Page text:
The announcement of the Nobel Prize in Physics awarded to Takaaki Kajita (Univ. of Tokyo) and Arthur McDonald (Queen’s University, Canada) for the discovery of neutrino oscillations, and thus the revelation that neutrinos have mass, is an exciting occasion for its recognition of fundamental scientific research of the kind done by all of us at the Oskar Klein Centre.
Our colleague and friend Per Olof has passed away after a very brief period of illness. Peo, as we all called him, played a key role in the field of neutrino physics, both nationally and in the international arena. He started his career with six years at CERN (1976-1982), and was coordinator and spokesperson for several neutrino experiments using bubble chambers.
Today’s issue of Science highlights a breakthrough in astroparticle physics many decades in the making. After tantalizing hints in the past year, the IceCube Collaboration now reports on a follow-up analysis, leading to a larger event sample and compelling evidence that the first high-energy neutrinos from outer space are starting to be seen.
Christopher Savage is a Oskar Klein Fellow since the summer of 2009. He is working on direct detection of Dark Matter and seems to be very happy about it! I asked him to tell us more.
Why did you choose the OKC for doing a postdoc?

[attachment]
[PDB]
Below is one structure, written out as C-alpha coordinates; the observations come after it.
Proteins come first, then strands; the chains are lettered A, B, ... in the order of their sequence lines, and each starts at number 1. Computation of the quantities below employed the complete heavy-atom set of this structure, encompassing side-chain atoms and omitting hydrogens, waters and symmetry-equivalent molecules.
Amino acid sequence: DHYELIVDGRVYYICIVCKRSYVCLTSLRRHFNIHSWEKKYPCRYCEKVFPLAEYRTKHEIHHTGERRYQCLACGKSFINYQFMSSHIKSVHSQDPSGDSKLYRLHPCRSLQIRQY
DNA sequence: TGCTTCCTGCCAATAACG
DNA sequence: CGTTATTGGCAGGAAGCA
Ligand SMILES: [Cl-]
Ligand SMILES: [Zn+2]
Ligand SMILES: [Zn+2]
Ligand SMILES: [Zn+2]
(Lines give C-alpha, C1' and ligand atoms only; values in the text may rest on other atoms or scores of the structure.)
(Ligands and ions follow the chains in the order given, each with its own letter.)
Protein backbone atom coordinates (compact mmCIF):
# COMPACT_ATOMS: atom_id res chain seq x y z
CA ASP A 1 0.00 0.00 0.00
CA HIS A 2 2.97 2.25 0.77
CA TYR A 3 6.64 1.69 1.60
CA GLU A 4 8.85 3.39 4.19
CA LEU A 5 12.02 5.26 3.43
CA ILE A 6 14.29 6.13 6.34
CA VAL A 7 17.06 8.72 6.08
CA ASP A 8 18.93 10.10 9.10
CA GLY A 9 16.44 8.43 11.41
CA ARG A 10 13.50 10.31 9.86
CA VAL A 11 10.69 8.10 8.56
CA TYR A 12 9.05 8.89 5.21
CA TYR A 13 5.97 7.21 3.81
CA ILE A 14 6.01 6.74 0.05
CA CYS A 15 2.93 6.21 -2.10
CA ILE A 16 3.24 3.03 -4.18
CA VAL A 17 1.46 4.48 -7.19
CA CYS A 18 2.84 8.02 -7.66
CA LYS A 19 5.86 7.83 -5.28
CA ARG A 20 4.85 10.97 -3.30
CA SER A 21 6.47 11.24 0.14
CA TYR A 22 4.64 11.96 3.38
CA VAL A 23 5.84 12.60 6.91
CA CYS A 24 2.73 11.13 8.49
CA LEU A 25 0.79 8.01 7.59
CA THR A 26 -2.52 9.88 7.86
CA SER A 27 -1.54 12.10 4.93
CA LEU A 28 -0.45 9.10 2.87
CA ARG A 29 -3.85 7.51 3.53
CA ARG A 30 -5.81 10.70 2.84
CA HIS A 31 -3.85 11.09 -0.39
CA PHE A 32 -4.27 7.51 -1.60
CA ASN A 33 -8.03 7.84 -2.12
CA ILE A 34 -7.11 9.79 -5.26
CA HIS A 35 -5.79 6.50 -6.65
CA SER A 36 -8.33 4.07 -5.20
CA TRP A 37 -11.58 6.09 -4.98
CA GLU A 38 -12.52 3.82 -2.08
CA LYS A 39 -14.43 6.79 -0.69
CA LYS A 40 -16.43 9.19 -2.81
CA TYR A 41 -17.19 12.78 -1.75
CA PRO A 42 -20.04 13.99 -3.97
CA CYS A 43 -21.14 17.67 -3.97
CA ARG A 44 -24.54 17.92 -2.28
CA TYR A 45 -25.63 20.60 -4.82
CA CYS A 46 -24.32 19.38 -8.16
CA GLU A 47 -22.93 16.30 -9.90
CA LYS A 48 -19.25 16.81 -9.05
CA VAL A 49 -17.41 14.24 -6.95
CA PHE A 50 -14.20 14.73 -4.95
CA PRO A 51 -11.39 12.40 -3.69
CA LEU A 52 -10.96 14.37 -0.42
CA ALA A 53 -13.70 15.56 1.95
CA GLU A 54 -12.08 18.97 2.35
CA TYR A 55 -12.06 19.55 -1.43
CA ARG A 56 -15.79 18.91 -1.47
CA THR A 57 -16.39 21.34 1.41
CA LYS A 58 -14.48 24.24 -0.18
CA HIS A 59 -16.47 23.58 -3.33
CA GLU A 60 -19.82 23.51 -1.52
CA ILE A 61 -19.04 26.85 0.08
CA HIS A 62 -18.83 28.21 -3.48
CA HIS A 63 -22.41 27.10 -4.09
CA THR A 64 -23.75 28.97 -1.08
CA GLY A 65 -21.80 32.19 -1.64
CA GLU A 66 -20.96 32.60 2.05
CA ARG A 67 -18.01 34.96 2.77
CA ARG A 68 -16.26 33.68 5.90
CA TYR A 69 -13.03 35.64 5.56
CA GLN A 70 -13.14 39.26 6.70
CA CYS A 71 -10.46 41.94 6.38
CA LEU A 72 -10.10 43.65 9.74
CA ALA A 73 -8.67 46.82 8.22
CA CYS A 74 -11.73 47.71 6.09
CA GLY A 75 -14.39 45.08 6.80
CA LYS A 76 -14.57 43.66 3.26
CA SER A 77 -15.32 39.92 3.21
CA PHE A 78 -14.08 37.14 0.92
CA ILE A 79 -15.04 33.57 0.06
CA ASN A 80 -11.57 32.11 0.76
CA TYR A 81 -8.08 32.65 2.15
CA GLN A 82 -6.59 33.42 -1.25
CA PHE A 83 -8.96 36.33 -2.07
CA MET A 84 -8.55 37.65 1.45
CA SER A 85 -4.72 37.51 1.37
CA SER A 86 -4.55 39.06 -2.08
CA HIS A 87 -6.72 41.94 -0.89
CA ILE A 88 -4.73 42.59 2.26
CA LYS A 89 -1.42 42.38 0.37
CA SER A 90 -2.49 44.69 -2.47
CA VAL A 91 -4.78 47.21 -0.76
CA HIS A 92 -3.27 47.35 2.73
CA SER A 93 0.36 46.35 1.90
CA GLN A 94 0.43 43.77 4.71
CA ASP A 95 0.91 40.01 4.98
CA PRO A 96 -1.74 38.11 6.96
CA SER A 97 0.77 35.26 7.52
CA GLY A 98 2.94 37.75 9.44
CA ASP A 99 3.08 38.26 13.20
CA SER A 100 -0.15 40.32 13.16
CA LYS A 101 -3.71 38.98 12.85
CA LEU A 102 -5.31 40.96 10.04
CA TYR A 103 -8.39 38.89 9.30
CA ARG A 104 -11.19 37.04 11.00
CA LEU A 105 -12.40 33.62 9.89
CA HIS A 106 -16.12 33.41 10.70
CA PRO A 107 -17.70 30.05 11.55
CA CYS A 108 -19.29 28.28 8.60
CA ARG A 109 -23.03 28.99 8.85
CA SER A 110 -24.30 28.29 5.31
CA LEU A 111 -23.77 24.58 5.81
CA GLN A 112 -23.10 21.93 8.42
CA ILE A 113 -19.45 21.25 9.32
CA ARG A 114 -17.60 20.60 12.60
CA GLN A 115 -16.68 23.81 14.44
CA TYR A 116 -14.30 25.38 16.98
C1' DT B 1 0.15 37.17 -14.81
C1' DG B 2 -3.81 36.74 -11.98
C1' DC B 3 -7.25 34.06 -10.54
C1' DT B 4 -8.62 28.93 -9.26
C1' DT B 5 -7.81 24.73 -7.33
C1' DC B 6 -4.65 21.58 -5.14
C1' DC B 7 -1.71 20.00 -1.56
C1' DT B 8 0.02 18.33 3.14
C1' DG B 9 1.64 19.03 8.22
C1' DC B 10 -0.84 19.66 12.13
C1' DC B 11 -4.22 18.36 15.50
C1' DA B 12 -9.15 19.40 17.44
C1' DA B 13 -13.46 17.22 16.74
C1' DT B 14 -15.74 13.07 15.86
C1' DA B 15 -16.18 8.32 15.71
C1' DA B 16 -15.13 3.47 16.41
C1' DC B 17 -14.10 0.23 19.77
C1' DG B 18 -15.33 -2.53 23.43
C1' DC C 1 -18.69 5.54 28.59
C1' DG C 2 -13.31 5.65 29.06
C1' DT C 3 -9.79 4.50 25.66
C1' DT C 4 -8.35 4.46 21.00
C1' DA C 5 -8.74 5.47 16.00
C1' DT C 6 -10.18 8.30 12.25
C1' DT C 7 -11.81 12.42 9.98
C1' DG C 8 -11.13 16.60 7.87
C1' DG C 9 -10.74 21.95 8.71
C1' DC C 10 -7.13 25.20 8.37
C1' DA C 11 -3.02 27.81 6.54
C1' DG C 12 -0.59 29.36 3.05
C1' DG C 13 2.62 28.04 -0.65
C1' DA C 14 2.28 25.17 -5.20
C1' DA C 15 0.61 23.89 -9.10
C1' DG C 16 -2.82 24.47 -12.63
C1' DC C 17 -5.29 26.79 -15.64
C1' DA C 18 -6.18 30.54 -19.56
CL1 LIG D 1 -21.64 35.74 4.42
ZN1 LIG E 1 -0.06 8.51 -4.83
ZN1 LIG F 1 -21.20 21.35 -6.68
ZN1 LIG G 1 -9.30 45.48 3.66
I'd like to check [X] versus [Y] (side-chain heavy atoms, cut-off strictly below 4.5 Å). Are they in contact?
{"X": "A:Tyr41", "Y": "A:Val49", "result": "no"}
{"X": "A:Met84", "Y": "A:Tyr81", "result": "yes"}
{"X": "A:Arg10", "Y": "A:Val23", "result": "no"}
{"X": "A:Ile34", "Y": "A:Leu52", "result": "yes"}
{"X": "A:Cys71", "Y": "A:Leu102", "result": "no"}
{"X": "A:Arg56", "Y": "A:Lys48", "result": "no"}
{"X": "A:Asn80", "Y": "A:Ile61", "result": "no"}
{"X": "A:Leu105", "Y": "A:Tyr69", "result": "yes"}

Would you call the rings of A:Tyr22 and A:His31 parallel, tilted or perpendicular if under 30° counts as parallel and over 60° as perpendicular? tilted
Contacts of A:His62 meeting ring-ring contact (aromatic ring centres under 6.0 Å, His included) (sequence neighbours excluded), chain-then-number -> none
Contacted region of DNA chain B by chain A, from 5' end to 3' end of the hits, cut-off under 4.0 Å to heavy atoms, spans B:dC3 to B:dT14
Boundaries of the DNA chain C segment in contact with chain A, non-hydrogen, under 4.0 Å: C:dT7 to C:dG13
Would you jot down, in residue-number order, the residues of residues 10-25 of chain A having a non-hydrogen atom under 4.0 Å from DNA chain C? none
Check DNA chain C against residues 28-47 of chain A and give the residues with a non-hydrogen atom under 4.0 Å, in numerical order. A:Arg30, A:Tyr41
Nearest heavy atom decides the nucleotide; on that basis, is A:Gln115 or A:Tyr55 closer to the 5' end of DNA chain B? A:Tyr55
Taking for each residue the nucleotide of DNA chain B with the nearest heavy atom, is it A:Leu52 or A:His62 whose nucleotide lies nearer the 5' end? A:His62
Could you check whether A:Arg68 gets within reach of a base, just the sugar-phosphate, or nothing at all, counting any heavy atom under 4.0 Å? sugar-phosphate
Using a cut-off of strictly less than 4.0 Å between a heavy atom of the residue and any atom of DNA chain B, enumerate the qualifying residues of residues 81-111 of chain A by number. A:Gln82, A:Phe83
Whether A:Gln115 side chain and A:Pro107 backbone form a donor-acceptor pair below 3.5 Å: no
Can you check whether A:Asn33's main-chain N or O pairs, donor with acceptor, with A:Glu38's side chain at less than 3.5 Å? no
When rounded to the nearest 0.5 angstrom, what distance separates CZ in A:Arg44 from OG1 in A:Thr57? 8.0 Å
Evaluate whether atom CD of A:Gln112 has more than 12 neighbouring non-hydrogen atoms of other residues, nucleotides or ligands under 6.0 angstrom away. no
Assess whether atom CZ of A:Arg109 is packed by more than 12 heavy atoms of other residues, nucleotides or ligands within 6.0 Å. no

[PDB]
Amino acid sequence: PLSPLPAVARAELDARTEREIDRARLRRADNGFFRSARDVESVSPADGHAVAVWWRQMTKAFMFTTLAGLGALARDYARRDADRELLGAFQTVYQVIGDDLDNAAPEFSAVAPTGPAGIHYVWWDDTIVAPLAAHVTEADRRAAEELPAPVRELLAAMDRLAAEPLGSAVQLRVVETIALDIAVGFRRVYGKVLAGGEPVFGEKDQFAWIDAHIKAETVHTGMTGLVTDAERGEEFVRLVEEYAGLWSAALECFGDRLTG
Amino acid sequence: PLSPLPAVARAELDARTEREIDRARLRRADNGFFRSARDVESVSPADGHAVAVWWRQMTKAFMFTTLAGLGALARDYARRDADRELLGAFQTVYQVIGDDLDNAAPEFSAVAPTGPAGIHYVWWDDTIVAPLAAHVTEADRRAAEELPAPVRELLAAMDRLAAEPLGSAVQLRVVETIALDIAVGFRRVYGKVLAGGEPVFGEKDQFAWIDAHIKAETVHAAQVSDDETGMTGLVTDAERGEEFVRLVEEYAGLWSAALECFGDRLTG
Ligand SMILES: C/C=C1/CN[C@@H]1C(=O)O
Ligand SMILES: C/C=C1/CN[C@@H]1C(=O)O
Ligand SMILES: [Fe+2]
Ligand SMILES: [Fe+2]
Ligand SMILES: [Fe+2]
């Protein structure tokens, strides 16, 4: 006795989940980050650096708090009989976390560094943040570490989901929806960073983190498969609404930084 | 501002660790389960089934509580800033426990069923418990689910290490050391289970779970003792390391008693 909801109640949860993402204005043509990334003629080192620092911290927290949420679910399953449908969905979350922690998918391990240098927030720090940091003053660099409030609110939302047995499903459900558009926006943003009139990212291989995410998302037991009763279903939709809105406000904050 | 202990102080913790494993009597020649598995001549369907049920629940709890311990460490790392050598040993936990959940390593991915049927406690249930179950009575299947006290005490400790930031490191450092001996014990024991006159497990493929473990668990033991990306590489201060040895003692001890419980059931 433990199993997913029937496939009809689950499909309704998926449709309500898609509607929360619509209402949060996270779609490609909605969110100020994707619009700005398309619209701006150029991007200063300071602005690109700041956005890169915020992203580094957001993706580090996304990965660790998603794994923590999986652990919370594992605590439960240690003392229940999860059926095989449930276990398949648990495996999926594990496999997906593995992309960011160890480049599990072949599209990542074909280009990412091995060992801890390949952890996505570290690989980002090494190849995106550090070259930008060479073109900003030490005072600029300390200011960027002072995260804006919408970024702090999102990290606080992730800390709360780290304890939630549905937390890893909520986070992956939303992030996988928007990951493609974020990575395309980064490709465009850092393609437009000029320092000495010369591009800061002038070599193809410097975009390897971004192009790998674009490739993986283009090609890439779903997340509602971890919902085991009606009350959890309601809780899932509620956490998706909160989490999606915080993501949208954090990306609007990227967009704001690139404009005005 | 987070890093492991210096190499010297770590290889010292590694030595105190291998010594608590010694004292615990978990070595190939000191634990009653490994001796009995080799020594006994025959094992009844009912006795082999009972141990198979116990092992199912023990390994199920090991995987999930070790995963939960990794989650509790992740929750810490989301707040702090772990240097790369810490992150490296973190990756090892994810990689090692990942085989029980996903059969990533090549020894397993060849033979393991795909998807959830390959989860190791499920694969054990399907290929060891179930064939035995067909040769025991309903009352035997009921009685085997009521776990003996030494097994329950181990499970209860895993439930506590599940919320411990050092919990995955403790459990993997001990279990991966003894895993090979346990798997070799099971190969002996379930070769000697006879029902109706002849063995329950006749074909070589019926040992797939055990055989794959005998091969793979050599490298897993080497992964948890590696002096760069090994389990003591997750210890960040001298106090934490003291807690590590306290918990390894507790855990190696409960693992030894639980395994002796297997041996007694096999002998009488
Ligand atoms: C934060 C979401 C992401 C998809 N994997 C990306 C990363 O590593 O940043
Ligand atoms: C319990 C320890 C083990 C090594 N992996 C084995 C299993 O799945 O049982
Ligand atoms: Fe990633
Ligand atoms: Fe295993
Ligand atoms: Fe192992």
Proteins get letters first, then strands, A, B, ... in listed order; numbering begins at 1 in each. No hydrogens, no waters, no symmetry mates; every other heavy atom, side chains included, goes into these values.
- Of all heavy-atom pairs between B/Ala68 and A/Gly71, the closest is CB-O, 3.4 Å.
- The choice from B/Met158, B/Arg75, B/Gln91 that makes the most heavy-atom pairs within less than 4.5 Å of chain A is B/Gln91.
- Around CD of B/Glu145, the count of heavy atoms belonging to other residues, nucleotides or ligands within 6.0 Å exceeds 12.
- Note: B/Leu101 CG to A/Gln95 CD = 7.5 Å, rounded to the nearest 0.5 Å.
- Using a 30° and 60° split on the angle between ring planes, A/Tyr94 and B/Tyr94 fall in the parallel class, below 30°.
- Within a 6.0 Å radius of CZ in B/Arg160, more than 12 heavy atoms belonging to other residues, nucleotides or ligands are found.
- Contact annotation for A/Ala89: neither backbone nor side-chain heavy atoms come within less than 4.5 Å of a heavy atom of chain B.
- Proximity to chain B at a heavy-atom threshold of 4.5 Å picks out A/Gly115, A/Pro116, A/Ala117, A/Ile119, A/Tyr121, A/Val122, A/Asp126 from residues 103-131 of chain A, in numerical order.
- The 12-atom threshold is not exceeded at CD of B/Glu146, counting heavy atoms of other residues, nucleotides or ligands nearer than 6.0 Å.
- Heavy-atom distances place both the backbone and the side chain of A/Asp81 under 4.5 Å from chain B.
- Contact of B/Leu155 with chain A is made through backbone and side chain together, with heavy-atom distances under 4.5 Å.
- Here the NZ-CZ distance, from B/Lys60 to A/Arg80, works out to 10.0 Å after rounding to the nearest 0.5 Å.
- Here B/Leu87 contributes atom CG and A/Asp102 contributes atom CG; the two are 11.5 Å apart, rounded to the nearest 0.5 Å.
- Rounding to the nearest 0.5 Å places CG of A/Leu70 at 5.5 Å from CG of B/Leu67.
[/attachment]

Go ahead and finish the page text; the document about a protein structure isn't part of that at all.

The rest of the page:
The broad focus on cosmology, with an emphasis on interaction between different areas, was very appealing. In addition, I had started working on capture of dark matter in stars and there is a lot of expertise in that area here in Stockholm (particularly Joakim Edsjö).
This spring there have been several PhD theses defenses here at the Oskar Klein Center, and as much as we hate saying good bye to some of our best students, we are proud to have been part of their professional lives. Jakob Nordin, Sara Rydbeck, Yashar Akrami, Teresa Riehm and Henrik Johansson defended their theses this spring. We wish them all the best for their future life!
Things have been happening lately with experiments which could eventually shed some light on dark matter.
The IceCube Neutrino Observatory, which was completed last December, defiantly started data taking in its final configuration on Friday the 13:th of this month. Data from 5397 optical modules are recorded at a rate of 2370 events per second, and about 50 million events per day are sent North for analysis via satellite (unfortunately,
almost all are due to atmospheric muons, not neutrinos).